Y'know, I have a hard time thinking of Raphael's car as a hunk of crap. Yeah, it's old, smelly and breaks in amusing ways, but it's at least an awesome aircooled Volkswagen. Those are easy to fix! That's not even fair. I had a deceptively shiny car that sucked at being a car. Get off my lawn.

Back in my day, we didn't have fancy machinery like Miatas, 12Cs, Baja Beetles or RS4 Avants. (Wait, we still don't get that last one...CURSES!) I had a smelly Nissan Altima that never ran very well, and I hooned it, uphill, both ways and even in the snow a couple times.

Never mind that "my day" was four years ago or that we don't get snow that often.


This is the car that left me stranded for weeks at a time without a car.

It liked to eat its own head gasket, which caused the car to shut off its air conditioning to keep from overheating. In August. In Texas. During one of the hottest summers on record.

Head gaskets and my sanity weren't the only things it ate. It ate oil. It ate gas. It had an exhaust leak that ate an absurdly pricey O2 sensor.


People liked to pull off its hubcaps in Waco, which sucked even more because they were bolted to the center of the wheel. I'd come out to my car to find one wheel with broken shards of plastic affixed to the middle.

If you ever need to find a hubcap in Waco, I know all the places to look.

I had it at Baylor, where the parking situation often makes you wish you had an Isetta. That is, if you can find parking. This car was simply too big.


Even the cup holders were a ludicrous size. If I ordered anything smaller than a venti at Starbucks, the caverns between the two front seats would devour the cup whole and it would be hard to reach.


Worst of all, the automatic transmission often didn't want to work unless you floored it. It was like playing throttle roulette—will this pedal work today, or has the car forgotten its daily dose of Sarafem?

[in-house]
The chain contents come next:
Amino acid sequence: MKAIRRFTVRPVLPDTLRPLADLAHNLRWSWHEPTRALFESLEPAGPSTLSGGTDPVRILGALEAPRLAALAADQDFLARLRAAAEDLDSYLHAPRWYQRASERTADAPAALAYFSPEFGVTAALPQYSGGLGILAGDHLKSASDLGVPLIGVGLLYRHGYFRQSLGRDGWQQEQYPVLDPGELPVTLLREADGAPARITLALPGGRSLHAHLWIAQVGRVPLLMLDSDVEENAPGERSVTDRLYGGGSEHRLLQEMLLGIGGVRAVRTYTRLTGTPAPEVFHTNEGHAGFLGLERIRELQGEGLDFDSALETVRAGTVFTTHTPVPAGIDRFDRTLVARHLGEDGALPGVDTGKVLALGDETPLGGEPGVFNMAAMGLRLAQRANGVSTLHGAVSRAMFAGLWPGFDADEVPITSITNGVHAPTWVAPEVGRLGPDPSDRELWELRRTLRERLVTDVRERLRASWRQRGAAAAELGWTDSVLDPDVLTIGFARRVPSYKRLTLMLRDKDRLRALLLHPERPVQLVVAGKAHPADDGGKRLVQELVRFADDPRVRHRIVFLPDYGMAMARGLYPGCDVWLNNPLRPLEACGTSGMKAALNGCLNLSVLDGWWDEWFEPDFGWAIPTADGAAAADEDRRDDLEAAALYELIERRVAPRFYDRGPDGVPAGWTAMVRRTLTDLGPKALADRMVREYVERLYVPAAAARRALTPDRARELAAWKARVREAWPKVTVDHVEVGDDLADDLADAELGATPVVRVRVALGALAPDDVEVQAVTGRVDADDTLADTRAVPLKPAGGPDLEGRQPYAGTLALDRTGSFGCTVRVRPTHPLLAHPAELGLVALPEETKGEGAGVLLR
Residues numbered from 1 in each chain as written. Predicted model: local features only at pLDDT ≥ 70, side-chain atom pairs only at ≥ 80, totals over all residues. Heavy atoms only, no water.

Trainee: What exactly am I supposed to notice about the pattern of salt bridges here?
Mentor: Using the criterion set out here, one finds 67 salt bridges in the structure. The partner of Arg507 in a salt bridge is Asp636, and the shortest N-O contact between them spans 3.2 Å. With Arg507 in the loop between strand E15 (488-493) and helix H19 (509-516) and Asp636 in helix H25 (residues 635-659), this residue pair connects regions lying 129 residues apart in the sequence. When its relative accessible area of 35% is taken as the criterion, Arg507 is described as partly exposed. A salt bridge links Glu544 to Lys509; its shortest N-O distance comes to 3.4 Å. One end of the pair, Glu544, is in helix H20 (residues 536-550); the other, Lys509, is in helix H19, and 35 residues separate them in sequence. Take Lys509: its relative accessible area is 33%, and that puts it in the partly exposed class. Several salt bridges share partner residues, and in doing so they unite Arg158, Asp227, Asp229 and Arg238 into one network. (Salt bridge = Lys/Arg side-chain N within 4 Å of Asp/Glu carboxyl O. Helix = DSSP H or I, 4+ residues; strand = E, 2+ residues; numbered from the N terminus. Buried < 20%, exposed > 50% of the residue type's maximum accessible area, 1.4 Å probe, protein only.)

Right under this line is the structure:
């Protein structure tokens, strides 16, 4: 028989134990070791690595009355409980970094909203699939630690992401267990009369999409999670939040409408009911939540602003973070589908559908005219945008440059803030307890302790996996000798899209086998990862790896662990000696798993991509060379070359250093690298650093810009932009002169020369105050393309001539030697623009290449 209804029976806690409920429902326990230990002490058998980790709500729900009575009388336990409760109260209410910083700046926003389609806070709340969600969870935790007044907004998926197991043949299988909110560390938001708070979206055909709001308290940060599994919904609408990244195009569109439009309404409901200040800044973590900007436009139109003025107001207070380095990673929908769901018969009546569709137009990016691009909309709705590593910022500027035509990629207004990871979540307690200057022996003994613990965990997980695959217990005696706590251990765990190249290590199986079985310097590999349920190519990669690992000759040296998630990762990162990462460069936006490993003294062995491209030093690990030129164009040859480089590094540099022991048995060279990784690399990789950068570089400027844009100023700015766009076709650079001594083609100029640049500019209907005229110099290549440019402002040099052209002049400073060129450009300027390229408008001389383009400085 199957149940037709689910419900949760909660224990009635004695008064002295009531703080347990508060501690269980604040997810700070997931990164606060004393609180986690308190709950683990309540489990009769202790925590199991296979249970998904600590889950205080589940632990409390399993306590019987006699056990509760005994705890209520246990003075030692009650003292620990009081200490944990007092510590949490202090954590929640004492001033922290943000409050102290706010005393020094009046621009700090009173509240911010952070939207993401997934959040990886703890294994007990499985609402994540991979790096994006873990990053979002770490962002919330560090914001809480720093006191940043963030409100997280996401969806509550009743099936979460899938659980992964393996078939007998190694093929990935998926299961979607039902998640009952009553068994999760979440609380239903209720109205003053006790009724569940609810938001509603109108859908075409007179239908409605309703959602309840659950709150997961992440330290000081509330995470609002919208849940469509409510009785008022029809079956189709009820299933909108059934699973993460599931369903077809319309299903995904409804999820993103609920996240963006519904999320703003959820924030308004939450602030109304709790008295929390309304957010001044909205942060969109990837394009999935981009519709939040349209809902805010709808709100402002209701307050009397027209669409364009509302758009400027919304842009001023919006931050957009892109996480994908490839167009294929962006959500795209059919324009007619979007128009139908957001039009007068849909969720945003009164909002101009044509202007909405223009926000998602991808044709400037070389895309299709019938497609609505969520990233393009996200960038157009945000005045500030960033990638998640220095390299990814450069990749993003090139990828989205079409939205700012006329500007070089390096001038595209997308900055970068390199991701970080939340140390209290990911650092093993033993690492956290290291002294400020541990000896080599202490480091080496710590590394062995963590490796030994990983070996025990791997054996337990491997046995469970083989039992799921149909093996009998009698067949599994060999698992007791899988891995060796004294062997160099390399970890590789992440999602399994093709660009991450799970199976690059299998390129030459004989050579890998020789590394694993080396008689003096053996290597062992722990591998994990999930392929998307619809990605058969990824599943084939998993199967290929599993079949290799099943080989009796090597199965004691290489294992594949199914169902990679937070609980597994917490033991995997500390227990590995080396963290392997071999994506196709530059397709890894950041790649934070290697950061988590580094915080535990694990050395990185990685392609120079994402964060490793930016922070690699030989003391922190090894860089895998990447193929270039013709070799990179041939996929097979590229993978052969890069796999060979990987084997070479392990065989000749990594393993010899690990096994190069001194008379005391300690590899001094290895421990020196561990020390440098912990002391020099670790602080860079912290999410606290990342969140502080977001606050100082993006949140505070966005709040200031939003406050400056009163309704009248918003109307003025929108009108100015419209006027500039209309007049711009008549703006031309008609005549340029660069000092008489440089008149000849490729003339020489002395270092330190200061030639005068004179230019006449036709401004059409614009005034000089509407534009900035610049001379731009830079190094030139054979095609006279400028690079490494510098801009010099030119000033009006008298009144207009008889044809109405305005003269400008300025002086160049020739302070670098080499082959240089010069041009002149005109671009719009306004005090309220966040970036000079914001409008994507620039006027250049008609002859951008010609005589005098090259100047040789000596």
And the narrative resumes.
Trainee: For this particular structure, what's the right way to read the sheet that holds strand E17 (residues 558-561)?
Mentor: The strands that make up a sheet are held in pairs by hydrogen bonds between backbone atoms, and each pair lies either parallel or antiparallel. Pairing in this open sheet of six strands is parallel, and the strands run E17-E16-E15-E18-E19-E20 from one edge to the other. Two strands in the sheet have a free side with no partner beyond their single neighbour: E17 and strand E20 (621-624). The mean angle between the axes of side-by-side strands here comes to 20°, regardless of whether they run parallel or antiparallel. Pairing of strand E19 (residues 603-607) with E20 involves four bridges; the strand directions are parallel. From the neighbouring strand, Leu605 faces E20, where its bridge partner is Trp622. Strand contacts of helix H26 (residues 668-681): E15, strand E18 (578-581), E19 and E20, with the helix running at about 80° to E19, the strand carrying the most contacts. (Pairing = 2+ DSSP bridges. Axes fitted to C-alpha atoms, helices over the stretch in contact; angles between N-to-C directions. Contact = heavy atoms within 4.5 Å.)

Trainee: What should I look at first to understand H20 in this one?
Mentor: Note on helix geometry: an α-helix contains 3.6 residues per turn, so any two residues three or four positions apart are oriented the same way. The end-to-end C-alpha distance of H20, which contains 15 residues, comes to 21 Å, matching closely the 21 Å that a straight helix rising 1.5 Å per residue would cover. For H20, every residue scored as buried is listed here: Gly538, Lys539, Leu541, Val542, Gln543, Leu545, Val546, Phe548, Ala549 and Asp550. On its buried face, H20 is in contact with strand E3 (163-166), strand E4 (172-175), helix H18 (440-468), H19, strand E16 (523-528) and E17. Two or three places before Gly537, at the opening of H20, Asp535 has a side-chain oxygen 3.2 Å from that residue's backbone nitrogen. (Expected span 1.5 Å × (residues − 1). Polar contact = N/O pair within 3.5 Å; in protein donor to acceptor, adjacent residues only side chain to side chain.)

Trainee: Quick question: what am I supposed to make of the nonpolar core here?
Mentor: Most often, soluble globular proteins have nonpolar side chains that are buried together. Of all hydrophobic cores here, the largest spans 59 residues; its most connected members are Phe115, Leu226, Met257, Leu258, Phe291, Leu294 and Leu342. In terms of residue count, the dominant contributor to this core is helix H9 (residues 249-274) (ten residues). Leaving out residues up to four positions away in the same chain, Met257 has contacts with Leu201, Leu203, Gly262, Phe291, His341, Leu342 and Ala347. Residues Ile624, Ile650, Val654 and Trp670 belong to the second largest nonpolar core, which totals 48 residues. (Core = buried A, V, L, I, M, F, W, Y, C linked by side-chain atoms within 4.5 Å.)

To say "I hated it" would be an insult to the warm and cuddly feeling that is pure, unadulterated hatred.


This shiny polished turd earned a nickname: "The Failtima."

It's also proof that you likely do, in fact, have the correct car to start doing trackrat things with your friends.


After a series of Orlovian excursions into various objects, ditches and other peoples' cars—the likes of which landed me in the Failtima after my first car was totaled—I came to the conclusion that I probably needed to learn how to drive.

Not just pass the state test, which I did on the first try in Washington after knocking over the parallel parking pylon—but actually drive.



I did what any rational being with a car they'd like to set on fire would do: I started doing some autocross. Spokes ran their autocrosses close enough in Texan terms (read: "only a couple hours away") that I figured eh, why not?

Let's be honest—I'd have loved to track it, too, but there's no way on earth that this thing would have ever passed its state inspection again without some clever engine bay polishing and frantic clearing of OBD-II codes, much less a pre-HPDE inspection. So, I stuck to less strict pursuits.


Autocross was perfect for this car: I was new, it was too slow to get me in much trouble and it wafted from cone to cone in such a floppy, hilarious manner that it often caused passengers to break out in pirate shanties and/or popular T-Pain melodies.


We're on a boat.

I'd found a venue to both release months of pent-up rage at the very object I'd like to toss to the crusher in the most violent manner possible as well as learn a few things in the process. It was perfect.

Most of the track day instructors I've met since then claim that they're not annoyed when they get the new guy who shows up in a hand-me-down Corolla. It's the guy who shows up in a fully-built racecar that scares them a little. Concepts like weight transfer are a lot easier to to teach when the car pitches and dives at every braking zone, turn or acceleration point like a big, goofy land yacht.


You, there—in the total beater on stock suspension? You're doing this right.

The Failtima was never a competitive car, but it was in this miserable, unreliable heap that I got an appreciation for how cars are meant to be driven.

No matter what your car is, it deserves to be hooned—for your own good.


Mercilessly, in some cases. I'd have traded the Failtima for a Beetle in a heartbeat.

So, show us—what's the worst beater you've ever had?